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For example, i am looking for the sequence of 7 increasing numbers starting from 0 whose sum is 0.7 (more or less) with uniform distribution (the gap between the numbers are equal). It seems to me there is something to do with the pyramid but I did not find what i wanted into the web.

edit: this kind of sequence is usually called arithmetic progression

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    $\begingroup$ This is not clear. seven numbers sum to a fixed number, where does a distribution enter into it? $\endgroup$ – lulu Aug 7 '18 at 13:41
  • $\begingroup$ starting from 0 $\endgroup$ – elldekaa Aug 7 '18 at 13:43
  • $\begingroup$ That doesn't help. Can you give an example of a sequence of $7$ numbers that sums to $.7$ but does not meet your criterion, and explain how it fails? $\endgroup$ – saulspatz Aug 7 '18 at 13:44
  • $\begingroup$ It is still unclear what you mean. Would 7x0.1 work? If not, why not? $\endgroup$ – Ingix Aug 7 '18 at 13:45
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    $\begingroup$ As I said, this isn't clear at all. Did you want the gaps to be equal? You didn't specify that. If we call the gap $g$ then your sequence is $0,g,2g,3g,4g,5g,6g$ which sums to $g\times (1+2+3+4+5+6)=21g$. If you want that to be $.7$ we solve as $g=\frac {.7}{21}=.0\overline 3$. Is that what you wanted? $\endgroup$ – lulu Aug 7 '18 at 13:53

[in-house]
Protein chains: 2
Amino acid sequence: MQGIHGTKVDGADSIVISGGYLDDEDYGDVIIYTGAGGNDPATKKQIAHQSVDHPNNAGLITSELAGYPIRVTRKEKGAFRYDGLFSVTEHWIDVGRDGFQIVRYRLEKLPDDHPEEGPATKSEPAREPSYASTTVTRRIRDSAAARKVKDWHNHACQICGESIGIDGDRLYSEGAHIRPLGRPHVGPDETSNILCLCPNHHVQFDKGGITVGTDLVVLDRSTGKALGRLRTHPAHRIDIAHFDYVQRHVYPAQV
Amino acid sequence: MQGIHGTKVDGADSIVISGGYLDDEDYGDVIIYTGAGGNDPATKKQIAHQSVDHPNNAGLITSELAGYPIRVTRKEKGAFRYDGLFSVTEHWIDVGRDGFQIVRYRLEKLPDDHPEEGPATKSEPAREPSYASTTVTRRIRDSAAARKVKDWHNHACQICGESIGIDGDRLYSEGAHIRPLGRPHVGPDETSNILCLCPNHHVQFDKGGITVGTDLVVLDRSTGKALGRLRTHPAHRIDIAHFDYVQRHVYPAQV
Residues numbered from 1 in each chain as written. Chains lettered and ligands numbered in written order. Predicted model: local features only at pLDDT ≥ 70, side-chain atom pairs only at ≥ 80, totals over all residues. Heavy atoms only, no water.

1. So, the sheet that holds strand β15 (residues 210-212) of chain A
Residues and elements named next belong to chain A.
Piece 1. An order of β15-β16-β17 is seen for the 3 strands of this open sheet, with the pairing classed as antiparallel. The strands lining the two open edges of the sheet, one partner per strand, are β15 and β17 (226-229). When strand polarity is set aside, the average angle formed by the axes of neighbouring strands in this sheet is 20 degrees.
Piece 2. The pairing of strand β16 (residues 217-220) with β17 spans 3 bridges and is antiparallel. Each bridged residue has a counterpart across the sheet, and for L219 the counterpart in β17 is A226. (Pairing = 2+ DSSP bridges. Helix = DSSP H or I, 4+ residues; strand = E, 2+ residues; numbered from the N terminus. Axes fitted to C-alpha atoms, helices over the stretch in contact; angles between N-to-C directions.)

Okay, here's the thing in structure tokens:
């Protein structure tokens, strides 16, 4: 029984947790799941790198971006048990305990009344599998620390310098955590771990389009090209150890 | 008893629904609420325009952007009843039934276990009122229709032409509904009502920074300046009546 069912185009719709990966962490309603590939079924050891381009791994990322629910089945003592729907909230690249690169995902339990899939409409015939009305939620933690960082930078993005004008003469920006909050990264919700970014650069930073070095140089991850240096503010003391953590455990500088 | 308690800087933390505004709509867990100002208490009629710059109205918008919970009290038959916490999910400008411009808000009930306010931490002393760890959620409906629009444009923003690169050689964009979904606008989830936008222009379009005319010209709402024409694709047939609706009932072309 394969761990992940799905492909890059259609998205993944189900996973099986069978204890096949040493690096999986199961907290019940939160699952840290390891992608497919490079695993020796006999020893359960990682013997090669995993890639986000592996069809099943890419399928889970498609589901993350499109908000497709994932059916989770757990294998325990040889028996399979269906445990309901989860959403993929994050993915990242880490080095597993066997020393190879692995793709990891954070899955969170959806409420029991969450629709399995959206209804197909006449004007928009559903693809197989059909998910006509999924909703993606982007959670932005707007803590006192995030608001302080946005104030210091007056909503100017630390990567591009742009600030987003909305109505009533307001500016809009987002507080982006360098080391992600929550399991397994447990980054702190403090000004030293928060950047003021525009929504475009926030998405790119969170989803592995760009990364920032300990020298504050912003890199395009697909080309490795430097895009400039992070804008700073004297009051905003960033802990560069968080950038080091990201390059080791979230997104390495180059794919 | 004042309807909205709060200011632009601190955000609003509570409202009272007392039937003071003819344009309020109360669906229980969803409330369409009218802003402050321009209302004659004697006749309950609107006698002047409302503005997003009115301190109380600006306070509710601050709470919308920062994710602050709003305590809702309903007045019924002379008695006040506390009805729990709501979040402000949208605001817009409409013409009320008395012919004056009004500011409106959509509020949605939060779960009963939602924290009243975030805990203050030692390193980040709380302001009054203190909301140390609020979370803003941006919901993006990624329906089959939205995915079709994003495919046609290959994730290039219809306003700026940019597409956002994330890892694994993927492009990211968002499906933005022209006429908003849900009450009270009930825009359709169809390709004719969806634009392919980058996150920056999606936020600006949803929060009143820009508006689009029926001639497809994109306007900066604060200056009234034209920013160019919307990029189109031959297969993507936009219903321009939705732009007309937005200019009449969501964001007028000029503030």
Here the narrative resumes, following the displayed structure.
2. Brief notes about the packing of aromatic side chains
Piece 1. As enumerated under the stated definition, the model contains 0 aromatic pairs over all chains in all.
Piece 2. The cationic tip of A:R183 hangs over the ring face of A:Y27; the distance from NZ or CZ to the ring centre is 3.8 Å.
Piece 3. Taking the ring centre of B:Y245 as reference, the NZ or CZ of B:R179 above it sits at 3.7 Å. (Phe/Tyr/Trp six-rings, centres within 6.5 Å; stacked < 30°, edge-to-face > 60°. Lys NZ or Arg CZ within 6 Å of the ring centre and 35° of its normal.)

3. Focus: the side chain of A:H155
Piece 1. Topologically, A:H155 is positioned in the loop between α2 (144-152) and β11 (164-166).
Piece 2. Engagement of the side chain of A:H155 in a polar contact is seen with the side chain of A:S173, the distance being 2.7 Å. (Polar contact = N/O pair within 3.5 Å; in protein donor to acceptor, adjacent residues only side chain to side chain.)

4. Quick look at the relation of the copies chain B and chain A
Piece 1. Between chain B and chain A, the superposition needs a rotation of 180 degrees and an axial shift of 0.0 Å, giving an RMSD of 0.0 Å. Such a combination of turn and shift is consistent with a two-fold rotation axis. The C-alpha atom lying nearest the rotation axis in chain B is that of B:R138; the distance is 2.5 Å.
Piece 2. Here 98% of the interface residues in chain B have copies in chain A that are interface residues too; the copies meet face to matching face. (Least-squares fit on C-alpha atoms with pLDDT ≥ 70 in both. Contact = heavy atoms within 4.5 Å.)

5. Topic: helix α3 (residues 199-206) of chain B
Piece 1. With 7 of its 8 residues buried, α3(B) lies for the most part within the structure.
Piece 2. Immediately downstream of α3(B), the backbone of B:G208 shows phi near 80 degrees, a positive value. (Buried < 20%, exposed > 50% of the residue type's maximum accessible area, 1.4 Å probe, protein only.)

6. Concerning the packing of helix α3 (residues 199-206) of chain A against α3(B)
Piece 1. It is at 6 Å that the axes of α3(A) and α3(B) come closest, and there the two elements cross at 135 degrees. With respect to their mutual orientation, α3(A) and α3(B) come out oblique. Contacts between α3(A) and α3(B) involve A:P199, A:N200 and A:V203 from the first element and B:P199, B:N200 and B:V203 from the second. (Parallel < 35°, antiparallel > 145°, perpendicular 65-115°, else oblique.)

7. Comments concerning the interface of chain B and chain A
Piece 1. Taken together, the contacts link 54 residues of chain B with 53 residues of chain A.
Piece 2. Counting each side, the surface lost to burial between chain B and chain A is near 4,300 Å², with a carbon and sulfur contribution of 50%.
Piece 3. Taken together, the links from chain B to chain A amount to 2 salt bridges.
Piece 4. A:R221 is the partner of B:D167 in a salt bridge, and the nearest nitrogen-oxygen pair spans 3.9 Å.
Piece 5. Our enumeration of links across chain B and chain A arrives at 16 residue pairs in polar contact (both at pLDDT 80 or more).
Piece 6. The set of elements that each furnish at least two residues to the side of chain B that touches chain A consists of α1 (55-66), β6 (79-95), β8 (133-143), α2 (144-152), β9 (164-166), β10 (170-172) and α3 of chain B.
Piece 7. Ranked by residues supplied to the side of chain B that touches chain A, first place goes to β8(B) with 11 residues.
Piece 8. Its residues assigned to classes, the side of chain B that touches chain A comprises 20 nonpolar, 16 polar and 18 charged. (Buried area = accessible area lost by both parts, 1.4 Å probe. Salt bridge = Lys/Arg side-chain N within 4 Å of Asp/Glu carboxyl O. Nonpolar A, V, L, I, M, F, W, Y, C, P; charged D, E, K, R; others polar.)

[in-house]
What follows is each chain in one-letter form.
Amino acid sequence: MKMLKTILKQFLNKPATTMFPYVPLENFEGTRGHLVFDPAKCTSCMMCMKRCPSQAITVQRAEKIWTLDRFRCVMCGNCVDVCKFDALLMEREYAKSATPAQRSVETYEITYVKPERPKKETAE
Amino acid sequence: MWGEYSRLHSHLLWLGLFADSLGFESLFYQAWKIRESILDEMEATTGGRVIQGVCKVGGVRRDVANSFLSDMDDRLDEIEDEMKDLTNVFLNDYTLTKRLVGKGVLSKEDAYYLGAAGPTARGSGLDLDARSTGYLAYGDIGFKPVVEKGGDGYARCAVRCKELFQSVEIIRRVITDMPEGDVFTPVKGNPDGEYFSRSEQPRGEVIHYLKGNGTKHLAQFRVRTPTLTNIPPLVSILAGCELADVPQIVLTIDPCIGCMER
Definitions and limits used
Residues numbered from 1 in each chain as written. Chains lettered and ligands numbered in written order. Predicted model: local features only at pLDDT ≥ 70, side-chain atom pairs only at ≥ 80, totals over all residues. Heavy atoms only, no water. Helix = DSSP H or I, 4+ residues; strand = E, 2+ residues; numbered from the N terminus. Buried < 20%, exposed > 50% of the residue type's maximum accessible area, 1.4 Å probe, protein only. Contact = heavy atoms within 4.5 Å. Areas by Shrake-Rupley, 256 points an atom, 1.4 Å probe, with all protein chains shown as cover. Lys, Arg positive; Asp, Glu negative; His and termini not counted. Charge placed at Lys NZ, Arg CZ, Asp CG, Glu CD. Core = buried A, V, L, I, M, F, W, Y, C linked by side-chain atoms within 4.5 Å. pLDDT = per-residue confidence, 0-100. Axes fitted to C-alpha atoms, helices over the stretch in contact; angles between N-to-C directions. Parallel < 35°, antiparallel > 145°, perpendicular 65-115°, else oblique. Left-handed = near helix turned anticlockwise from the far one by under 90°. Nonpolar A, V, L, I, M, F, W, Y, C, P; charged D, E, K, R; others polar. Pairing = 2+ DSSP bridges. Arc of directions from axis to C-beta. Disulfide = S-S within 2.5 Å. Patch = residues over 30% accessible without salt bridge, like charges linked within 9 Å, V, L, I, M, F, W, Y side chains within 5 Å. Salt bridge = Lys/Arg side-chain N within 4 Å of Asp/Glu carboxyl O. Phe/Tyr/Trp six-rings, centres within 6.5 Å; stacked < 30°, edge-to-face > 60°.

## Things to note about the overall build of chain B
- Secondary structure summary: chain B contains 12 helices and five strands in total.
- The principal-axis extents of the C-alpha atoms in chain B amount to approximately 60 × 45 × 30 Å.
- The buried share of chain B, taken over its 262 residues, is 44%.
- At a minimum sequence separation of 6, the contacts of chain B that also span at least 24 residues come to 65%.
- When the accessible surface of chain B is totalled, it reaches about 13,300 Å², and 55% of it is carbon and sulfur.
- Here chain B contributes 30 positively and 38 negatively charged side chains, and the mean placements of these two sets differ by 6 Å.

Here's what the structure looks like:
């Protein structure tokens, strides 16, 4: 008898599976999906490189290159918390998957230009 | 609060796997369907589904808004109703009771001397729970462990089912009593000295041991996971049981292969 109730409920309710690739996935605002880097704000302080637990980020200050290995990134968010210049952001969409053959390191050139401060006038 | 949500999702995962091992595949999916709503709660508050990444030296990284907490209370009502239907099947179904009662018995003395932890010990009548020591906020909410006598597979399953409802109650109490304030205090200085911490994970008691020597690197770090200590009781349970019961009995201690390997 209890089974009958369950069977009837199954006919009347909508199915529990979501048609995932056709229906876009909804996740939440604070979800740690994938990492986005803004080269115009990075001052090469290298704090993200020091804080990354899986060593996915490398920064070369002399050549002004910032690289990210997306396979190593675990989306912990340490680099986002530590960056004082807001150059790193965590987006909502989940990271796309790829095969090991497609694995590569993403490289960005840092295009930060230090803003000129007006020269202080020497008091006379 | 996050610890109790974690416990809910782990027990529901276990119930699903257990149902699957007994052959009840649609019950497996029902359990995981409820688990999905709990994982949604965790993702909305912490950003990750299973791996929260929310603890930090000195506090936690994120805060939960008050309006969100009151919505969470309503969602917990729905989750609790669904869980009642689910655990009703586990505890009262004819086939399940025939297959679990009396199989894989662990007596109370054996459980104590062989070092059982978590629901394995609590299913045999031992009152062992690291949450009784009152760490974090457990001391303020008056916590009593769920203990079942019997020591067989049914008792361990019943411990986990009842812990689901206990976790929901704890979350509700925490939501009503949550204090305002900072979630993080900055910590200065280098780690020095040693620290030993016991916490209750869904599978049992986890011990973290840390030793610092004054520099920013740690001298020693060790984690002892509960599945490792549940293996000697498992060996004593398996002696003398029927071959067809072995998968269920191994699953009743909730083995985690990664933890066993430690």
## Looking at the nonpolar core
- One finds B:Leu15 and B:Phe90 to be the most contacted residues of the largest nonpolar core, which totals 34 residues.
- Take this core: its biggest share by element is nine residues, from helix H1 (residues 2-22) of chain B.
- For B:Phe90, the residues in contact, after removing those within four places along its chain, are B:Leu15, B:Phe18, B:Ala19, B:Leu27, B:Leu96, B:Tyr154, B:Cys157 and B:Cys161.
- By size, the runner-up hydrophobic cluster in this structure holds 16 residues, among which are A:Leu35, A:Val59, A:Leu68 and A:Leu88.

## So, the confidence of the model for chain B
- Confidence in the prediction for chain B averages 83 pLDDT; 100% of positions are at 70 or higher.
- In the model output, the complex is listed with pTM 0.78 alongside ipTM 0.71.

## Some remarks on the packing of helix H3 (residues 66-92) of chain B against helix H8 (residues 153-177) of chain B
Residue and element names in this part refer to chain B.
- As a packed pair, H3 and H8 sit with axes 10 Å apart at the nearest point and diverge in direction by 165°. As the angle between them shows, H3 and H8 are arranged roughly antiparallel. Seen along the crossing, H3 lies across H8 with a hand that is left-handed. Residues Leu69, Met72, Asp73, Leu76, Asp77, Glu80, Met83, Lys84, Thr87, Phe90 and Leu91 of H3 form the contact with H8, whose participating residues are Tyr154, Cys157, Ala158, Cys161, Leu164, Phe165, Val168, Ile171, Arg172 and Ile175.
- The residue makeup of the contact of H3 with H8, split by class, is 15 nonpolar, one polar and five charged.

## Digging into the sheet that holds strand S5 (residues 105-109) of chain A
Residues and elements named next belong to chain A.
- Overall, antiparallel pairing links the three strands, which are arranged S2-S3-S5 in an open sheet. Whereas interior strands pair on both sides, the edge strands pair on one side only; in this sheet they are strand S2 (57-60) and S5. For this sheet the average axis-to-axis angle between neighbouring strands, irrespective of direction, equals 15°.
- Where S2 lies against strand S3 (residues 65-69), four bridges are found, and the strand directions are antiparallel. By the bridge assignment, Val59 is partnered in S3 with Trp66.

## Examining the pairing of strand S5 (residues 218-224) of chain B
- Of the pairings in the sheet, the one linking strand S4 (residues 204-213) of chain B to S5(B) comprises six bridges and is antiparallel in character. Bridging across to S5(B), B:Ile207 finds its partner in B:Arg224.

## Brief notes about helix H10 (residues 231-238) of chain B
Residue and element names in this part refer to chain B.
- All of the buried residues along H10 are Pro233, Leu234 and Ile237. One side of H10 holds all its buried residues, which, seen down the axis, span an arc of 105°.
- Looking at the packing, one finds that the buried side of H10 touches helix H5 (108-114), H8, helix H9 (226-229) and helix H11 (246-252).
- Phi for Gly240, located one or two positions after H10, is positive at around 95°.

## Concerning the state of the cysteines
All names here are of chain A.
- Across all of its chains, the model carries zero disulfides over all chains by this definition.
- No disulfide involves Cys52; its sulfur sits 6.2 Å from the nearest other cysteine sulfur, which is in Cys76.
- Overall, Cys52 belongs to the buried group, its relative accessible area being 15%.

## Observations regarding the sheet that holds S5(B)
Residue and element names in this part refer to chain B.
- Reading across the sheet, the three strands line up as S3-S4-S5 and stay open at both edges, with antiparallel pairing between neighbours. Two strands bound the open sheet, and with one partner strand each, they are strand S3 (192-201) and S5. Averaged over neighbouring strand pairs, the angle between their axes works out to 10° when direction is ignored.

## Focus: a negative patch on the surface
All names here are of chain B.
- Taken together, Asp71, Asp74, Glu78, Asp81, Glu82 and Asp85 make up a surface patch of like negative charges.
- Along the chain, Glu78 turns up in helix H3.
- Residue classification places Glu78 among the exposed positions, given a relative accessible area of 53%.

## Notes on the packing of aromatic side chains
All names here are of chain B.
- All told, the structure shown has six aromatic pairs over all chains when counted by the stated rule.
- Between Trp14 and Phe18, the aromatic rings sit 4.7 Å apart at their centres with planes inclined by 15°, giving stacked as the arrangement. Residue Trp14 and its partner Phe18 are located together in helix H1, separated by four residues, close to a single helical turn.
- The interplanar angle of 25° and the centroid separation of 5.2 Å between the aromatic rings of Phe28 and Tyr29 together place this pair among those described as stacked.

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To summarize the discussion in the comments:

Given $n\in \mathbb N$ the OP is asking for a value $g_n$ such that the series $$0+g_n+2g_n+\cdots +(n-1)g_n=.7$$

We remark that this can be solved as $$.7=g_n\times (1+2+\cdots +(n-1))=g_n\times \frac {n(n-1)}2\implies \boxed {g_n=\frac {1.4}{n(n-1)}}$$

For instance, with $n=7$ we get $g_7=\frac 1{30}$.

Of course, there is nothing special about the value $.7$

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